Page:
On November 6, Dallas voters will decide proposition 1, concerning a proposed toll road:
…to prohibit the construction, maintenance, or improvement of, or the expenditure of funds or, any roadways within the Trinity River levees unless certain restrictions relating to use, location, number of travel lanes, and speed limits are met…
A yes vote cancels the toll road, requiring a low capacity road instead.
A NO vote allows the massive Trinity River Corridor Project to proceed, with the toll road being built.
To be clear, I am uncomfortable with much of the Corridor Project. The new park being built by downtown is a joke.
However, the toll road opposition (the “vote yes crowd”) are advocating a huge blunder using arguments that range between flaky and crazy:
- Exaggerate the park’s value. The park section that shares space with the toll road should be called Drainage Ditch Park. It’s currently a long, barren plain between 30 foot levees. Sure, the redeveloped land will be better than it was, but it will never be a White Rock Lake Park or a San Antonio River Walk. You can’t even see Drainage Ditch Park unless you’re in a tall building or on a bridge (or on the toll road), very few people will ever live within walking distance, and the levees and flood risk prevent significant structures or trees from being anywhere near the park. This artificial lake will almost certainly have no services–or it will at least have nothing we don’t mind being ruined in the next flood. The above photo shows how far away amenities will probably be, and this 1908 Trinity River photo shows why the park cannot have any services:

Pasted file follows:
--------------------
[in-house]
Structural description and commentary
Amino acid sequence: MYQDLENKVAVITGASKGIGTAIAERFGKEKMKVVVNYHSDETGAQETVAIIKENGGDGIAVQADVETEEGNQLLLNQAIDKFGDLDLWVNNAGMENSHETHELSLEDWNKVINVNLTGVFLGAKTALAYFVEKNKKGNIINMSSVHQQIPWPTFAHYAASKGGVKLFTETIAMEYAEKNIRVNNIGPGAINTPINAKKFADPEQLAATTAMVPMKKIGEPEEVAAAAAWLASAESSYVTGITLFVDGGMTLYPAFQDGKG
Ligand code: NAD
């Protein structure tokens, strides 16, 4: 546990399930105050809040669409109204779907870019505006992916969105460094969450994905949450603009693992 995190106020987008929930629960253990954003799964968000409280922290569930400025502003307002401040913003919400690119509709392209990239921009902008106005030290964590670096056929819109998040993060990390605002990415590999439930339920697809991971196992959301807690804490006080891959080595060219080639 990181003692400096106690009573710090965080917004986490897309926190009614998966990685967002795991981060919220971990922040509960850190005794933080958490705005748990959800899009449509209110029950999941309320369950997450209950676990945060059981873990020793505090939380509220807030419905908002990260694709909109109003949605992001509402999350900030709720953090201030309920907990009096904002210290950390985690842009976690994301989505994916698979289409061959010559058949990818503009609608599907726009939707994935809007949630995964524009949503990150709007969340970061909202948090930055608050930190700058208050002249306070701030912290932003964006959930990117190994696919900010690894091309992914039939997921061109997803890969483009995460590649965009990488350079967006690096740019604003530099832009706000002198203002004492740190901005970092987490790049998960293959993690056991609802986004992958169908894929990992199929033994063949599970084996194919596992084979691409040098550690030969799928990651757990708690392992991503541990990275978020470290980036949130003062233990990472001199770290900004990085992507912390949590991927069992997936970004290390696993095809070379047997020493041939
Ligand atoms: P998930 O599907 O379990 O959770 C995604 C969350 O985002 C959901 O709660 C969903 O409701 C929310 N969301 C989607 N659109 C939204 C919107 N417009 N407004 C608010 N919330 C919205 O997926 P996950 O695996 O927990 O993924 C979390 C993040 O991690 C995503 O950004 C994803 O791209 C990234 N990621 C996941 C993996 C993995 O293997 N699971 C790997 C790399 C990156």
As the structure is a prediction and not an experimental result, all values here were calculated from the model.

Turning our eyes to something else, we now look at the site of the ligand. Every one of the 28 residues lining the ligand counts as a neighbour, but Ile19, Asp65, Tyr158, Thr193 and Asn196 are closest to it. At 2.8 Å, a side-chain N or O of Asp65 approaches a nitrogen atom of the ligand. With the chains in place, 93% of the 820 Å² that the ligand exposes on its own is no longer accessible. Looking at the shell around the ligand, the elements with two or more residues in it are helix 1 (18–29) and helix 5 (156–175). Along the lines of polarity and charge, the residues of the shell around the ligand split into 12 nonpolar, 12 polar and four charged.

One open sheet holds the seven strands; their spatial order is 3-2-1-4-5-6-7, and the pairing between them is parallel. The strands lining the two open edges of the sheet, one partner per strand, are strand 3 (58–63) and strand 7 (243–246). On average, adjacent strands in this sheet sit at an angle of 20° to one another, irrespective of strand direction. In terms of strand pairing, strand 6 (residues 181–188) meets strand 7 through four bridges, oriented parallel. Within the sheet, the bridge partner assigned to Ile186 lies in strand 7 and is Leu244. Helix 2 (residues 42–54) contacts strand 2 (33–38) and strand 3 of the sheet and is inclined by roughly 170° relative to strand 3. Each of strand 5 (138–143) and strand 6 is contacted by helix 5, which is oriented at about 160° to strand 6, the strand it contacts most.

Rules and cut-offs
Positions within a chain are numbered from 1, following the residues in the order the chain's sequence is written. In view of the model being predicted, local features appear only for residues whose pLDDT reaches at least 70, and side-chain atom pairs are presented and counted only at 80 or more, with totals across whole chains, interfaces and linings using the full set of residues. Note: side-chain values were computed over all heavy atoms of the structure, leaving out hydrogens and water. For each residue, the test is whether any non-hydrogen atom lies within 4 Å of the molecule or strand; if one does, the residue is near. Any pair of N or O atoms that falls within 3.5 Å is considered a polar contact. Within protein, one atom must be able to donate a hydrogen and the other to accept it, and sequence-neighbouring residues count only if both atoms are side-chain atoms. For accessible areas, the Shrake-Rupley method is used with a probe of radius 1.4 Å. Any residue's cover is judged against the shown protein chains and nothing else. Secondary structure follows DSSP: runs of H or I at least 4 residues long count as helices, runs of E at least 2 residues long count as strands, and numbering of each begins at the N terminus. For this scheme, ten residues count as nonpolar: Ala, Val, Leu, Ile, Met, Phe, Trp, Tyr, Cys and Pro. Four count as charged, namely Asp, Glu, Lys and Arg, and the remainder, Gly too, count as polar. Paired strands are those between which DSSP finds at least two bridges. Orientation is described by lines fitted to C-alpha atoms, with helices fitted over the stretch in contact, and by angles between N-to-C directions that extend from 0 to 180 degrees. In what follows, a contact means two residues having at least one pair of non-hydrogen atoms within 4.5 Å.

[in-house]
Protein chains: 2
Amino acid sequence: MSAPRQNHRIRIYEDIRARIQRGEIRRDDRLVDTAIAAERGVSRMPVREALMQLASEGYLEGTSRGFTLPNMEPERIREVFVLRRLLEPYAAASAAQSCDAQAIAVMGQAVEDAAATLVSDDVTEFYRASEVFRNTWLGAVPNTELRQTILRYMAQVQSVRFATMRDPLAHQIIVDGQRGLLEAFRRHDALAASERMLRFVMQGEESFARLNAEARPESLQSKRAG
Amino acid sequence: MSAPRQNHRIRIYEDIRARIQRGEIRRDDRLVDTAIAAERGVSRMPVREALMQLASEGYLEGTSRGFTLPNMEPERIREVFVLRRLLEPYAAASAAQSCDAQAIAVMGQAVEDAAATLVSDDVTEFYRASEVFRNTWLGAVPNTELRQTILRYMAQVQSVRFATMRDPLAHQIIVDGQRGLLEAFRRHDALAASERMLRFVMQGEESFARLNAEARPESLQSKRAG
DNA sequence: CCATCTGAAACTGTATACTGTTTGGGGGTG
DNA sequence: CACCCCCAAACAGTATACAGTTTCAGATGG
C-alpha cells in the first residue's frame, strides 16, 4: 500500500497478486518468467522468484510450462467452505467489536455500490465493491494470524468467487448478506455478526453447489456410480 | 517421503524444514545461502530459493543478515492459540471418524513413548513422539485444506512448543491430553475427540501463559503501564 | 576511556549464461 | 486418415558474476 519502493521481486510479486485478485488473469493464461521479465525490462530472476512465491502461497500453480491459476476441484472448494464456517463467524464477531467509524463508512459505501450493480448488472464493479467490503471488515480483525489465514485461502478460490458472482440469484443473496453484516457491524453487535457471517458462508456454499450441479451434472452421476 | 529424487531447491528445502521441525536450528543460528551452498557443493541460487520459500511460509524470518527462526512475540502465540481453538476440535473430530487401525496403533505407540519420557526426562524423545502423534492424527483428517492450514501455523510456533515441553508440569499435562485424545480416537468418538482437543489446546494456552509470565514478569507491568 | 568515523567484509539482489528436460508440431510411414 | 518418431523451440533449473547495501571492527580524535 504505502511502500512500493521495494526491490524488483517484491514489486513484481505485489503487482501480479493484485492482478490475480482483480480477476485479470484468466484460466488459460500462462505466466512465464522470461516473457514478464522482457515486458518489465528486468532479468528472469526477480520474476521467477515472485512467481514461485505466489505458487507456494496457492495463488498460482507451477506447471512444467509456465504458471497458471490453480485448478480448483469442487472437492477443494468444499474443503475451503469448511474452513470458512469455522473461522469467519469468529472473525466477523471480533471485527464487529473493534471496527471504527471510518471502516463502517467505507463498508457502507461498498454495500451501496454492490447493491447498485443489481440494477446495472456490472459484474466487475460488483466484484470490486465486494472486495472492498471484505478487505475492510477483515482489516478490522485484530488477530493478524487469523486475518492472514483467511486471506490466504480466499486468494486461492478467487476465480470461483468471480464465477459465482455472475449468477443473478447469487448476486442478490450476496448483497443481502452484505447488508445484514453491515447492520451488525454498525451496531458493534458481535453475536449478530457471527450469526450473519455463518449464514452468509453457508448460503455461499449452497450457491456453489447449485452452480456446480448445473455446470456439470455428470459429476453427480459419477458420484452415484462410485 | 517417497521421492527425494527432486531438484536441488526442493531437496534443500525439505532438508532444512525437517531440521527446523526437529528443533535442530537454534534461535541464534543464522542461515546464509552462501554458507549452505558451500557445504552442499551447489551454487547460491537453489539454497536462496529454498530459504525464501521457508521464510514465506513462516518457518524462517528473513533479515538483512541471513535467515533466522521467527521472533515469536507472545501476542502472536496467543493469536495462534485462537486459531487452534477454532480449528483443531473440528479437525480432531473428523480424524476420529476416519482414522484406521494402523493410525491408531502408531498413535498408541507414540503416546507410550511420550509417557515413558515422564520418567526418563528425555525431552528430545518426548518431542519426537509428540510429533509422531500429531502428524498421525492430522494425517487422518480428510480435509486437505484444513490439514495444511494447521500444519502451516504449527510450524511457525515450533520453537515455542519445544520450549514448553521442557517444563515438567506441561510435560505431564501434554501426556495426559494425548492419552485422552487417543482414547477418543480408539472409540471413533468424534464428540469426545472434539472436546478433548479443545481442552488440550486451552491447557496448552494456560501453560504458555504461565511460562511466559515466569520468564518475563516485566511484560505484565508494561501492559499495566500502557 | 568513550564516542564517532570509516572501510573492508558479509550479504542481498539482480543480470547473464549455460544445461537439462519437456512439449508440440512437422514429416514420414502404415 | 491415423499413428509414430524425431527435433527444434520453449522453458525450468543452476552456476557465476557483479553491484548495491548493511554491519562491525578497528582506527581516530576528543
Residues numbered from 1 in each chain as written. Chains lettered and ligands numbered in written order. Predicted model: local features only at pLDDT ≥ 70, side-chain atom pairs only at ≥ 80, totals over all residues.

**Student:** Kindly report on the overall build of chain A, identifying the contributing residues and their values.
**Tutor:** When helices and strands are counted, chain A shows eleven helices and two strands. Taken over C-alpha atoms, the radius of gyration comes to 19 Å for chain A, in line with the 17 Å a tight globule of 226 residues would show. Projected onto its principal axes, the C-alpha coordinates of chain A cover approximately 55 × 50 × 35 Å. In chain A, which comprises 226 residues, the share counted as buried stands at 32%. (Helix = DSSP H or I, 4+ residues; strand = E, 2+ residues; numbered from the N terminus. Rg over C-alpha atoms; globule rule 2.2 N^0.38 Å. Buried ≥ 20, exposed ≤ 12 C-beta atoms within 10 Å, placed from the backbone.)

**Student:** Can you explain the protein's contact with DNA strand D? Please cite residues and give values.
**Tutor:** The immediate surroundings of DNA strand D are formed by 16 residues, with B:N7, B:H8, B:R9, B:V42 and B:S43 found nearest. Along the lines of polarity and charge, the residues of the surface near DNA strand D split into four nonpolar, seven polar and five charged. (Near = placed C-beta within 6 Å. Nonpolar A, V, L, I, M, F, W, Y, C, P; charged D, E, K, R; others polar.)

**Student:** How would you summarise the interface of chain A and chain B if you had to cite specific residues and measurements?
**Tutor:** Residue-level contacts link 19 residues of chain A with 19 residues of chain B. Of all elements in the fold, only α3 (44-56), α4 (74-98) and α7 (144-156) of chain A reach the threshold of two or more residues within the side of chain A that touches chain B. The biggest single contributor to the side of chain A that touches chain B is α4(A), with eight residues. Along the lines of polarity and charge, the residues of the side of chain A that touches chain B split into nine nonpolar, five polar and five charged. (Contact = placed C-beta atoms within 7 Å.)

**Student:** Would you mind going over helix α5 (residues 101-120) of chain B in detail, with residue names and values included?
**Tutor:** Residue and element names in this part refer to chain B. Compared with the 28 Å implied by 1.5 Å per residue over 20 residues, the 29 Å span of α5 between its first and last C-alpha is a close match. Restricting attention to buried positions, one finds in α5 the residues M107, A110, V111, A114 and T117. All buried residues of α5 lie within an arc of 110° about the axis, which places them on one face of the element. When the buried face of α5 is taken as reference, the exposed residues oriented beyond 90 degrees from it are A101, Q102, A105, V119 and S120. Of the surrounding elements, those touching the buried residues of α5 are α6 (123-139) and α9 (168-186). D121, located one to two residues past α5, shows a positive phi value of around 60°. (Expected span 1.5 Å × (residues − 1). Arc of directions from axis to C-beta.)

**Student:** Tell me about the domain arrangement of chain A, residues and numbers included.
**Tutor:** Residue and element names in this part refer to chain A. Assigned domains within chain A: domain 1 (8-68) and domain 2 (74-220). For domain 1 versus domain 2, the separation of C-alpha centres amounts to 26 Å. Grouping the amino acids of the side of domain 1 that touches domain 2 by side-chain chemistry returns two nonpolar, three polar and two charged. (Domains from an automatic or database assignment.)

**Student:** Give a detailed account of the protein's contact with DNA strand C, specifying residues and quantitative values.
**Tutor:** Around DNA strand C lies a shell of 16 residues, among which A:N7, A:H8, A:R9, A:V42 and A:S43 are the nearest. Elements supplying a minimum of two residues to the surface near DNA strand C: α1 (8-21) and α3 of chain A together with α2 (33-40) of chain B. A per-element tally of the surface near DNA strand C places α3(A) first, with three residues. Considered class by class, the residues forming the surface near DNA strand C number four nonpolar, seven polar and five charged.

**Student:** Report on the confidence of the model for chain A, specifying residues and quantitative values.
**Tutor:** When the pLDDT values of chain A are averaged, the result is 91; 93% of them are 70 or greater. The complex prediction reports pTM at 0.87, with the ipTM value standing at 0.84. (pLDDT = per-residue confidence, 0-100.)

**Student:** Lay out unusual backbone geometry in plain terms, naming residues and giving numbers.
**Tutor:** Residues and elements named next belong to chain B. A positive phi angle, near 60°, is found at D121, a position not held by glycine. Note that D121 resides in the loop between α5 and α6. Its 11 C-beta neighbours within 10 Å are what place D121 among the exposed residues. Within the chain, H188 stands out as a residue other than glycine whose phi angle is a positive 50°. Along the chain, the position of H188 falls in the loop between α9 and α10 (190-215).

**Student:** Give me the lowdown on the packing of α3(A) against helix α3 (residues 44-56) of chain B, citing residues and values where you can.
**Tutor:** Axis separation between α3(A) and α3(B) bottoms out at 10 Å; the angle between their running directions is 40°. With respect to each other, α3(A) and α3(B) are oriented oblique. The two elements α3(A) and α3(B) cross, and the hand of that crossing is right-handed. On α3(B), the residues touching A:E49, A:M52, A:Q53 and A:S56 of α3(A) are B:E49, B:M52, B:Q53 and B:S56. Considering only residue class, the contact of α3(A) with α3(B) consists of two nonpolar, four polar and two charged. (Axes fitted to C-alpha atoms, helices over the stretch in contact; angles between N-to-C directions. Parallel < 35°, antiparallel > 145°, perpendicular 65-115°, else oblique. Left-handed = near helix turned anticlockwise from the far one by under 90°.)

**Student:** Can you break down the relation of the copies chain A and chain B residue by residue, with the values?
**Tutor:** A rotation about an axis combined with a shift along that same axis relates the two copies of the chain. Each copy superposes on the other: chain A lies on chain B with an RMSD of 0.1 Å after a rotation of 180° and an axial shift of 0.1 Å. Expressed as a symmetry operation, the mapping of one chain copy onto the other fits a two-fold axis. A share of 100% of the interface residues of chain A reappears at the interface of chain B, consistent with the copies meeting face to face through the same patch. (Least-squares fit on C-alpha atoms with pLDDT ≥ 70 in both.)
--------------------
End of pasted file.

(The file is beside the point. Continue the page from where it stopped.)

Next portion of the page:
Even if a toll road was to seriously disrupt this park, it would have a minimal impact on Drainage Ditch Park.
- Petty selfishness. Some allege the road only benefits suburbanites. It’s false (see next), but even if true, so what? Is Dallas now like selfish Highland Park, which is intentionally reducing capacity of a grossly congested arterial road?
- Misconstrue the traffic benefit. Opponents say the road only benefits people who want to bypass downtown. In fact, by relieving traffic on the notoriously congested I-35E, the toll road eases downtown access.
- Misconstrue the traffic benefit II. Some opponents allege that more roads will increase congestion by making transportation easier. Heaven forbid we make it easier for people to transport themselves! We don’t know if we can built our way out of congestion because we haven’t even tried!
- Authoritarianism. The prior three points show how the opponents endorse European-style, interventionist government, where government exists to tell you what to do, not to serve you.
- Anti-motorist. Scuttling the toll road will make Dallas look awfully close to Portland, OR, where transportation funds are intentionally diverted to expensive public transportation projects mainly to defund road projects.
- Mischaracterize the value. Some opponents say that Dallas has very little on the line, under $100 million bond dollars that can be returned. In fact, this toll road’s net value may well exceed a billion dollars, the vast majority of which will be paid for by other agencies and jurisdictions. If Dallas scuttles the toll road, we lose its entire direct value plus value adds like reduced congestion, reduced pollution, and easier access to downtown.